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J Ethnopharmacol. 2018 Jun 12;219:23-30. doi: 10.1016/j.jep.2018.03.013. Epub 2018 Mar 12.

Cananga odorata essential oil reverses the anxiety induced by 1-(3-chlorophenyl) piperazine through regulating the MAPK pathway and serotonin system in mice.

Author information

1
School of Agriculture and Biology, Shanghai Jiao Tong University, 800 Dong Chuan Road, Shanghai, China. Electronic address: fxzwzhangnan@sjtu.edu.cn.
2
CAS Key Laboratory of Receptor Research, Shanghai Institute of Materia Medica, Chinese Academy of Sciences, 555 Zu Chong Zhi Road, Shanghai, China. Electronic address: zhangleisimm@simm.ac.cn.
3
CAS Key Laboratory of Receptor Research, Shanghai Institute of Materia Medica, Chinese Academy of Sciences, 555 Zu Chong Zhi Road, Shanghai, China. Electronic address: lyfeng@simm.ac.cn.
4
School of Agriculture and Biology, Shanghai Jiao Tong University, 800 Dong Chuan Road, Shanghai, China. Electronic address: yaolei@sjtu.edu.cn.

Abstract

ETHNOPHARMACOLOGICAL RELEVANCE:

Cananga odorata essential oil, known as ylang-ylang essential oil (YYO), was commonly used in the aromatherapy for relaxation and mood adjusting use. In our previous study, YYO played anxiolytic effects on the mice in several behavioral tests that based on the instinctive responses to novel environments.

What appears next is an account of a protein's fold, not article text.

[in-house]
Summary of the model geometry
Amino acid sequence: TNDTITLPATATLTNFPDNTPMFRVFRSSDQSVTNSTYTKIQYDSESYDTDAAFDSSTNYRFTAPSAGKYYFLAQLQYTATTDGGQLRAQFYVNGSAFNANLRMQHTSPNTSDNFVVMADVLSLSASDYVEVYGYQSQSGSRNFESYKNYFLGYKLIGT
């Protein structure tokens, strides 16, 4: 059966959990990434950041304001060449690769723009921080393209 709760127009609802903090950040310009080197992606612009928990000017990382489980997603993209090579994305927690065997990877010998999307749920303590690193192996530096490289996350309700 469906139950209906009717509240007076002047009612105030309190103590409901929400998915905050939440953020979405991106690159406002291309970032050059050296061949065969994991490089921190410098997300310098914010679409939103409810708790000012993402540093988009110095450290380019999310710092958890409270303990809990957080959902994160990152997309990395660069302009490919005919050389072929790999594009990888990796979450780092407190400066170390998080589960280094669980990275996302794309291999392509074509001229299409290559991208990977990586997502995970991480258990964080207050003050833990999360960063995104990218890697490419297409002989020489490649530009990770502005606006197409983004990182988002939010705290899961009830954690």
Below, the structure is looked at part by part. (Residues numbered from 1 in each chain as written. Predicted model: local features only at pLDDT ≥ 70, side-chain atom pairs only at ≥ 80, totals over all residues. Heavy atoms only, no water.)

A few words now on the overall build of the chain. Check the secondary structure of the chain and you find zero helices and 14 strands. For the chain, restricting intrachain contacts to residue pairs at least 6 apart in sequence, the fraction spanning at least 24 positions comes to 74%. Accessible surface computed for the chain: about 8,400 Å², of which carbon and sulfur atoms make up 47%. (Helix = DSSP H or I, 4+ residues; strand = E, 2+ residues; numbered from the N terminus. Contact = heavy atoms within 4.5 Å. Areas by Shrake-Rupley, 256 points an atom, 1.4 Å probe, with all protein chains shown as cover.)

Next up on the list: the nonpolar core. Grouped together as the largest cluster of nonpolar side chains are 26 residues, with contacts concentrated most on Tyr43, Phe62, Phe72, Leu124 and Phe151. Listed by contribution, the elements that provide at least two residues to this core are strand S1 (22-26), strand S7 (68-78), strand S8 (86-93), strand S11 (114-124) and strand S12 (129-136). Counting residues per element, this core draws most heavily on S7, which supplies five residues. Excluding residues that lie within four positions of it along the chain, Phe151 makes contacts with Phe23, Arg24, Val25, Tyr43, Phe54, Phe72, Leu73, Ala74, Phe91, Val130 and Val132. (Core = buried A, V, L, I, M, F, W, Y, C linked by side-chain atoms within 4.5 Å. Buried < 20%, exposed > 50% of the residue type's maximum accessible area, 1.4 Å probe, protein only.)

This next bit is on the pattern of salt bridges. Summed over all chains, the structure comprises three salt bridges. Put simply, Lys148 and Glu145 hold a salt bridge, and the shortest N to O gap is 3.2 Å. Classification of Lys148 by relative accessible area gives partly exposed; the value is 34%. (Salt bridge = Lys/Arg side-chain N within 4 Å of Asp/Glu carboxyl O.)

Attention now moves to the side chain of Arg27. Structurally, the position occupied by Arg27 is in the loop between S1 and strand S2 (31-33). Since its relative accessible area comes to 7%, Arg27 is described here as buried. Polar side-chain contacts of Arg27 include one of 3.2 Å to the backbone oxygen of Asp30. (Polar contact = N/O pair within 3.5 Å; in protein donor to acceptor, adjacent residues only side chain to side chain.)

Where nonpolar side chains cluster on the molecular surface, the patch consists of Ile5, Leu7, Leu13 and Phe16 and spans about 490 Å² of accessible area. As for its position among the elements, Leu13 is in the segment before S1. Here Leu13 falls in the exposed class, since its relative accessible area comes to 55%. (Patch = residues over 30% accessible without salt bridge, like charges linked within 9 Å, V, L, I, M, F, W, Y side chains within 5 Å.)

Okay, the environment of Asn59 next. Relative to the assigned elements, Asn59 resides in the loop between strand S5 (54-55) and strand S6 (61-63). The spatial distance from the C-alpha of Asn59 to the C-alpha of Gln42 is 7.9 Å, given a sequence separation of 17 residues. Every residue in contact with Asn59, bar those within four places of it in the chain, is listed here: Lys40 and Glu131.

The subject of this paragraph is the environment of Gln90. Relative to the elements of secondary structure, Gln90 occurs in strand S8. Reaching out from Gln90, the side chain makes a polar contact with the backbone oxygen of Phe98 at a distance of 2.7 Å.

AIM OF THE STUDY:

To investigate the effects and mechanisms of YYO reversing the anxiety induced by 5-HT2C receptor agonist 1-(3-chlorophenyl) piperazine (m-CPP).

MATERIALS AND METHODS:

m-CPP was administrated to the male ICR mice to develop an anxiety model. The anxiolytic effect of YYO (0.1%, 1% and 10%, v/v) was evaluated in the elevated plus maze (EPM) test after odor exposure. Western blot was used to detect the phosphorylation levels of extracellular signal-regulated kinase 1/2 (ERK1/2) and cAMP response element-binding protein (CREB) and the expression of c-Fos in the prefrontal cortex (PFC) and hippocampus after the EPM test. Serotonin and its metabolite change in the brain were detected by liquid chromatogram with an electrochemical detector. The effect of YYO on the plasma corticosterone level was evaluated using enzyme-linked immunosorbent assay (ELISA) after the odor exposure.

RESULTS:

The behavior analysis showed that m-CPP (2 mg/kg and 4 mg/kg) could induce anxiety behaviors in the mice while diazepam (2 mg/kg) reversed the anxiety behavior induced by m-CPP. YYO dose-dependently increased the time and number of entries in the open arms (p < 0.05) compared to the Tween 80 group. YYO reduced the phosphorylation levels of ERK1/2 (p < 0.05) in both PFC and hippocampus. Down-regulations of phosphor-CREB (p < 0.05) and c-Fos (p < 0.05) were only observed in the hippocampus. YYO also affected the brain serotonin metabolism and reduced the blood plasma corticosterone level of the m-CPP treated mice.

CONCLUSION:

YYO odor exposure could reverse the anxiety behaviors generated by m-CPP. The anxiolytic effect of YYO was associated with the ERK1/2/CREB pathway in the hippocampus and relevant to the serotonin system.

KEYWORDS:

1-(3-Chlorophenyl) piperazine; 1-(3-Chlorophenyl) piperazine (PubChem CID: 1355); 5-HT; Anxiolytic effect; Cananga odorata; Diazepam (PubChem CID: 3016); MAPK

PMID:
29545208
DOI:
10.1016/j.jep.2018.03.013
[Indexed for MEDLINE]

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